Asymmetric optical potential barrier becomes Maxwell’s demon

The hypothetical Maxwell’s demon opens and closes a tiny trapdoor dividing two containers of gas to shuttle atoms one way without exerting effort, raising the number of atoms in one container and lowering it in the other, apparently in violation of the second law of thermodynamics. Researchers at the University of Oregon (Eugene, OR) have created a Maxwell’s demon using an asymmetric optical potential barrier—although, as with any practical realization of such a demon, further investigation shows that the second law is always conserved.

Click here to enlarge image

Approximately 3 × 104 rubidium (87Rb) atoms at about 30 µK from a standard six-beam magneto-optic trap are loaded into a dipole trap, which has a 9.3 W beam from a 1090 nm fiber laser focused to a 31 µm waist. Two additional beams separated by 34 µm form the one-way barrier; the main beam is stabilized on a dip in the 85Rb saturated-absorption spectrum, which is at a frequency 1.16 GHz higher than that of the other (repumping) beam. After 100 ms, most of the atoms end up on one side of the trap; however, the spontaneous scattering of a barrier photon in each “trap-door” interaction carries away entropy, conserving the second law. Contact Daniel Steck at dsteck@uoregon.edu.

50 YEARS OF SOLID-STATE LASERS


A long way from the ruby laser

Most Popular Articles

Webcasts

Ray Optics Simulations with COMSOL Multiphysics

The Ray Optics Module can be used to simulate electromagnetic wave propagation when the wavelength is much smaller than the smallest geometric entity in the ...

Multichannel Spectroscopy: Technology and Applications

This webcast, sponsored by Hamamatsu, highlights some of the photonic technology used in spectroscopy, and the resulting applications.

Handheld Spectrometers

Spectroscopy is a powerful and versatile tool that traditionally often required a large and bulky instrument. The combination of compact optics and modern pa...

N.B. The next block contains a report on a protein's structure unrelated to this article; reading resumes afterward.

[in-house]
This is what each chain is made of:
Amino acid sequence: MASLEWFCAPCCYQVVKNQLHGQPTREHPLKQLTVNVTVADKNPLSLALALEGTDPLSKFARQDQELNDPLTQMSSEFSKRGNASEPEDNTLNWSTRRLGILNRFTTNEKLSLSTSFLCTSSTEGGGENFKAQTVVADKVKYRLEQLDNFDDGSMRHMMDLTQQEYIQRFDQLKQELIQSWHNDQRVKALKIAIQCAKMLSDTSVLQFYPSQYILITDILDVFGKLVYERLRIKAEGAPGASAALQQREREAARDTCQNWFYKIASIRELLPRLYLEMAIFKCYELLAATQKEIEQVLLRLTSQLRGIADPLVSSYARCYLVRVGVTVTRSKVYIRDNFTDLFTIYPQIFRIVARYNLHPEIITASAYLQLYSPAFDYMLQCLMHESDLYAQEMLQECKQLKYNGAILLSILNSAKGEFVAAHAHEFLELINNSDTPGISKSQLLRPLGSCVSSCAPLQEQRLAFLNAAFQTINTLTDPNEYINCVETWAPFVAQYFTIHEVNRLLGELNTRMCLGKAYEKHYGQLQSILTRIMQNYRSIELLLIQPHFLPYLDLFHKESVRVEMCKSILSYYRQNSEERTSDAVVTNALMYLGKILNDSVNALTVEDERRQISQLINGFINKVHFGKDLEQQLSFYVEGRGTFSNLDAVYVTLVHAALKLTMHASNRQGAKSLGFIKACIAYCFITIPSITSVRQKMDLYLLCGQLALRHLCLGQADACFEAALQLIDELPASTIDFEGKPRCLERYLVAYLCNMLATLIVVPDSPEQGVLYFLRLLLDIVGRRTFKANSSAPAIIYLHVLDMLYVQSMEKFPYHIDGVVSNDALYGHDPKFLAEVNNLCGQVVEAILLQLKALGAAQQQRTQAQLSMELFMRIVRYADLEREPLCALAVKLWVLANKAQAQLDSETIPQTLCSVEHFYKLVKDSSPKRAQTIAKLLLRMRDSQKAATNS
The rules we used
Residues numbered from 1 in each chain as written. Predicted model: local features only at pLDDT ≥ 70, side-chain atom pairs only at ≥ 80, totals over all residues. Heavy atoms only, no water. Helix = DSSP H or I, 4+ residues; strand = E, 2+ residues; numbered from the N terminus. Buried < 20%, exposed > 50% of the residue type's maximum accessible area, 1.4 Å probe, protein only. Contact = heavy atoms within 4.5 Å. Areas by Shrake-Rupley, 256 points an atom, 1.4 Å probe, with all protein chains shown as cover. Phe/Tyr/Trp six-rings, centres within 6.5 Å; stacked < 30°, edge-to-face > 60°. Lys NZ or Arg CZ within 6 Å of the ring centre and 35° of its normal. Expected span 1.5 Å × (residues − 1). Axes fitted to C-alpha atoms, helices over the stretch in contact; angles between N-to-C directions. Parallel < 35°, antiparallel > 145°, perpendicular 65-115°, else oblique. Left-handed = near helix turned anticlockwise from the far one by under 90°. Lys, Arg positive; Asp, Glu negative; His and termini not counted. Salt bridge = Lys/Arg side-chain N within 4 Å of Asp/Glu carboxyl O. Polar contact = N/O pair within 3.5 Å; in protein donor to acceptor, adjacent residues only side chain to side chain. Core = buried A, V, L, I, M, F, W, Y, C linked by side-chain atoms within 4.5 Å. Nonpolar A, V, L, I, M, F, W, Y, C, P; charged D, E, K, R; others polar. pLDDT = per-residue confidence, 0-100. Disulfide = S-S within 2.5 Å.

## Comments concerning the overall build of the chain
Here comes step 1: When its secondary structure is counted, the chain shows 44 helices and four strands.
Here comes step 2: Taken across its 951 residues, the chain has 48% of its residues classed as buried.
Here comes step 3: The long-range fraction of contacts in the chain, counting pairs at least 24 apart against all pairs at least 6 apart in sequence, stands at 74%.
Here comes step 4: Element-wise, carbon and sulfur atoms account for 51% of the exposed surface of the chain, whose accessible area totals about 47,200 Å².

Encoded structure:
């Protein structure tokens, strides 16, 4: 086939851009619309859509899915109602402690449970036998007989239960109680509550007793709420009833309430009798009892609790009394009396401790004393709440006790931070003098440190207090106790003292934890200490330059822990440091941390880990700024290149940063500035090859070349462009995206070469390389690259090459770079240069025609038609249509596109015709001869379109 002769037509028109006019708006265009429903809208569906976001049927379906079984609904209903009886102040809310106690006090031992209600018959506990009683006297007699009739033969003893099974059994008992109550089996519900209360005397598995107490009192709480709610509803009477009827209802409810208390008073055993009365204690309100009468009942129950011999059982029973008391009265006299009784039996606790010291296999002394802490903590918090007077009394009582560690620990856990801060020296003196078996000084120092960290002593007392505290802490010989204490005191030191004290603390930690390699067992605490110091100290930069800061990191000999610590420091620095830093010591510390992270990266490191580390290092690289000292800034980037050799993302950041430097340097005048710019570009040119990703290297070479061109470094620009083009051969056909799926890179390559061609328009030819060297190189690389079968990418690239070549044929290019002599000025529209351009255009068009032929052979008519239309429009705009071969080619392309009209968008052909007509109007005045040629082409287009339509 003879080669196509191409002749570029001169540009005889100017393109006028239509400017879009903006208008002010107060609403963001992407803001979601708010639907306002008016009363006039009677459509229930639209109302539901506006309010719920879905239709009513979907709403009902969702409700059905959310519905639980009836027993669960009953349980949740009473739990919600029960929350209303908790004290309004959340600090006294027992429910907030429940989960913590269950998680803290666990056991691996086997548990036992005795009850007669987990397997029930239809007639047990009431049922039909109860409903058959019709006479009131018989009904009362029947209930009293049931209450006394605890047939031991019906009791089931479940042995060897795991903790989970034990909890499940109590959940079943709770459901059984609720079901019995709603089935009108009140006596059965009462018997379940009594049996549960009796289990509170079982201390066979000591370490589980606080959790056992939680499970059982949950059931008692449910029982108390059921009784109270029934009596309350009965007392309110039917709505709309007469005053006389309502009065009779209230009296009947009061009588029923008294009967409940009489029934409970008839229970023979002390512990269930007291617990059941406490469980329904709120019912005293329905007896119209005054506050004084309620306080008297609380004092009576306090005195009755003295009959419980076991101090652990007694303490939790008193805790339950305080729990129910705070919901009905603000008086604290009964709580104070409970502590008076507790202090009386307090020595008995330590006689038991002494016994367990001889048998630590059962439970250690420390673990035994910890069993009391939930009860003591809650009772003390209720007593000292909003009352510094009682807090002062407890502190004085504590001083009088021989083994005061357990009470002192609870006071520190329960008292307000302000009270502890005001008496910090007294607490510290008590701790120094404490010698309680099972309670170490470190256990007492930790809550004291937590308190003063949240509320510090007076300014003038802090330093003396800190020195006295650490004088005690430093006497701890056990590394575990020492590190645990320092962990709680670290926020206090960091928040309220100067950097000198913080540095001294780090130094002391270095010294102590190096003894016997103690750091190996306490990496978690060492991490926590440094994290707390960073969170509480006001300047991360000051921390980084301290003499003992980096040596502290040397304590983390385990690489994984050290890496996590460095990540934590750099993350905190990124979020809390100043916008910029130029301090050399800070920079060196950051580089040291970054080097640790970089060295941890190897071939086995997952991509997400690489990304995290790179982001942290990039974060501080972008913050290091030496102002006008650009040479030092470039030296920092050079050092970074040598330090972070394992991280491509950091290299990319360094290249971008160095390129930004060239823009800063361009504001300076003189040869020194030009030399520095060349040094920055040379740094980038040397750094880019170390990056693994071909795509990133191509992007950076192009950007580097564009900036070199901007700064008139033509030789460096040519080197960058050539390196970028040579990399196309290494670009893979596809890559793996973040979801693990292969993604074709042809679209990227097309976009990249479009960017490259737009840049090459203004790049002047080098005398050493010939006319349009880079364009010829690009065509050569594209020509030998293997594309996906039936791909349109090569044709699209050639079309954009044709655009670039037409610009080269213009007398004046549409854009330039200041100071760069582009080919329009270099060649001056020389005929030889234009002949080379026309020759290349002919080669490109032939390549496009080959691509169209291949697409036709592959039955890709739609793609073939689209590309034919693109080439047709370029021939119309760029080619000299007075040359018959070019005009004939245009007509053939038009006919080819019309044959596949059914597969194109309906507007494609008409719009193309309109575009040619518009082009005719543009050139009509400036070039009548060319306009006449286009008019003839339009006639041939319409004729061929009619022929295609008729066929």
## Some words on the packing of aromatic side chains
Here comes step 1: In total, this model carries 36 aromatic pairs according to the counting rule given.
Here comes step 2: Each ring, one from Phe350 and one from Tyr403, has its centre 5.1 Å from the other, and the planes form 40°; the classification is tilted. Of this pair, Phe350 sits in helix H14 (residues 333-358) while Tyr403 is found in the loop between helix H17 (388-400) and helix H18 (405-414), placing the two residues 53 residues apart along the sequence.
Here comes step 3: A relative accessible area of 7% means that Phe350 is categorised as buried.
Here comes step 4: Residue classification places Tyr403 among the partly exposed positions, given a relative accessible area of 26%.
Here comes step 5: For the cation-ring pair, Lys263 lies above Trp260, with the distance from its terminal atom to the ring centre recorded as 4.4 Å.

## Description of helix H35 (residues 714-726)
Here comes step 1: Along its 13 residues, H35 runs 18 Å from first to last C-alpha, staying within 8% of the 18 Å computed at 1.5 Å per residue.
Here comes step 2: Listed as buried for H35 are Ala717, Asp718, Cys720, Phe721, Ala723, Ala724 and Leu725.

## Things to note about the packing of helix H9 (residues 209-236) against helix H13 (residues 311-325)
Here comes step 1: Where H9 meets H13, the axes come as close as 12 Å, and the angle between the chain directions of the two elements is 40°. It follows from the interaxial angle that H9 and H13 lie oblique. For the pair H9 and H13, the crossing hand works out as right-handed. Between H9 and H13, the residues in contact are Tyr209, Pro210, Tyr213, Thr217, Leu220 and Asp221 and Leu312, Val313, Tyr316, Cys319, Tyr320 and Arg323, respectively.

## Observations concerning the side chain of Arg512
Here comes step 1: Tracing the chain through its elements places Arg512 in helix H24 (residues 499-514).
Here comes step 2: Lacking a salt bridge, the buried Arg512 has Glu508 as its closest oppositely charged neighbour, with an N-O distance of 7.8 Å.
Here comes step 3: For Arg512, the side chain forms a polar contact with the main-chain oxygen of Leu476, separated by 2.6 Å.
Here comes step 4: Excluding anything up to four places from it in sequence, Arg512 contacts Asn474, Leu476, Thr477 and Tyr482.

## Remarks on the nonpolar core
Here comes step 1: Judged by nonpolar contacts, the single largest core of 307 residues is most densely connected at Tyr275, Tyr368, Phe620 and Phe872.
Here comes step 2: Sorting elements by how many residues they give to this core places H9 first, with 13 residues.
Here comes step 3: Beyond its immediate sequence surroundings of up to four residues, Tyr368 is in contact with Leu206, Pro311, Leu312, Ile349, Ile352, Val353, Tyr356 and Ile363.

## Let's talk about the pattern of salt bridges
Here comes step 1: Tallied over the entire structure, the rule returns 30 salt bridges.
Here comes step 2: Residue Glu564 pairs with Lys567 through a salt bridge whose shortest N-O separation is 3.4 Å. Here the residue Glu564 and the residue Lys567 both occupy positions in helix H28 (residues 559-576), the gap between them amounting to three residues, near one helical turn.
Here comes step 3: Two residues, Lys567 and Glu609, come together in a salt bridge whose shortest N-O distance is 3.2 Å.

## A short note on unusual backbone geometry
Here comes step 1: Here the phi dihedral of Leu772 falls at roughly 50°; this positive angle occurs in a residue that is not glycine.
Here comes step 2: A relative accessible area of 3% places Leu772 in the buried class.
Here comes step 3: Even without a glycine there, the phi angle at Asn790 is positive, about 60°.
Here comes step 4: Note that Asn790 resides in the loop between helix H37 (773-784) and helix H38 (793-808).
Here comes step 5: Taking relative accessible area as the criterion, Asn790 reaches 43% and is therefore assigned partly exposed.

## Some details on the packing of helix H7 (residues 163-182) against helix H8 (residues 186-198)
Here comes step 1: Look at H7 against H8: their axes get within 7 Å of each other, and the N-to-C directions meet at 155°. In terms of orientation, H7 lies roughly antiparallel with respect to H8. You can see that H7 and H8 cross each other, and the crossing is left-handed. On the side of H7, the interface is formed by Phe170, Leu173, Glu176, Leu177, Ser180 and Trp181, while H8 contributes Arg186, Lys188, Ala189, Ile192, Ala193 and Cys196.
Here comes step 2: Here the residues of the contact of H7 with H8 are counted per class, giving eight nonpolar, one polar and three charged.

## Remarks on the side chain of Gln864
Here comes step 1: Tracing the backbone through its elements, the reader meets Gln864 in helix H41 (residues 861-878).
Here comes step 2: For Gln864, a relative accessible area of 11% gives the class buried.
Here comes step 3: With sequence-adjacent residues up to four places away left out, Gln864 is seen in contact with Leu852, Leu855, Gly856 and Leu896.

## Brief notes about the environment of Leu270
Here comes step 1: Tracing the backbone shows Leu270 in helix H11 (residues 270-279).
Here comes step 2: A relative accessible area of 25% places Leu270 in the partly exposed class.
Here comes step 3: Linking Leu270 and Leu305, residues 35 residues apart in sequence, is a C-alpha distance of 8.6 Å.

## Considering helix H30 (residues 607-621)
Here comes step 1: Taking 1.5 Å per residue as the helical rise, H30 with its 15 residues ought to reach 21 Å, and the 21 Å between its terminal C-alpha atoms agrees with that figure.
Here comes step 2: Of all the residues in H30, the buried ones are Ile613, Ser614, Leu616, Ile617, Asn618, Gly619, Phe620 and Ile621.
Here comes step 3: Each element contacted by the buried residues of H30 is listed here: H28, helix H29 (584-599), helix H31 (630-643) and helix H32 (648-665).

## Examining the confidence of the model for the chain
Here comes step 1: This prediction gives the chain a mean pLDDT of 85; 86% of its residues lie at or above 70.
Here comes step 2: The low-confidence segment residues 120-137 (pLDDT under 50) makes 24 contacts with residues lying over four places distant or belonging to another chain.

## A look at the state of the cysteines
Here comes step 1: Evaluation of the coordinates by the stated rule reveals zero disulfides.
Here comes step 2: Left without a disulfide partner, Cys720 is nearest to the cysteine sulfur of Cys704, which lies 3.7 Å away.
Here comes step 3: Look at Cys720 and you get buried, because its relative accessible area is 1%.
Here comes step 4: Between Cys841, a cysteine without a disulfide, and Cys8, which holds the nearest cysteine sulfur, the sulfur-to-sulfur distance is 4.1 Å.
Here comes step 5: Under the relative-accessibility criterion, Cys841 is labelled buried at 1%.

Fracking, climate change, and lasers:  new tools to reduce fugitive methane emissions

This webcast, sponsored by Hamamatsu Corporation, covers recent developments and field deployments of compact quantum-cascade-laser (QCL)-based methane senso...
White Papers

Narrow-line fiber-coupled modules for DPAL pumping

A new series of fiber coupled diode laser modules optimized for DPAL pumping is presented, featur...

Accurate LED Source Modeling Using TracePro

Modern optical modeling programs allow product design engineers to create, analyze, and optimize ...

Optical Isolators Improve Engraving Performance of Pulsed Fiber Lasers

The deleterious effects of back reflections on pulsed fiber lasers used in marking and engraving ...
Technical Digests

ADHESIVES, SEALANTS, AND COATINGS: Solutions for optical technologies

A vast array of optical systems of various types and degrees of complexity require the use of adh...

WAVELENGTH-SWEPT LASERS: Dispersion-tuned fiber laser sweeps over a 140 nm range for OCT

By eliminating the use of mechanical tunable filters and instead tuning by intensity-modulation i...

Keeping pace with developments in photonic materials research

For demanding or custom spectroscopy solutions, care must be taken in selecting and integrating a...

HIGH-POWER FIBER LASERS: Working in the kilowatt regime

High-power materials-processing fiber lasers are available in an increasing variety of forms, as ...

Click here to have your products listed in the Laser Focus World Buyers Guide.
Social Activity
  •  
  •  
  •  
  •  
  •  
Copyright © 2007-2014. PennWell Corporation, Tulsa, OK. All Rights Reserved.PRIVACY POLICY | TERMS AND CONDITIONS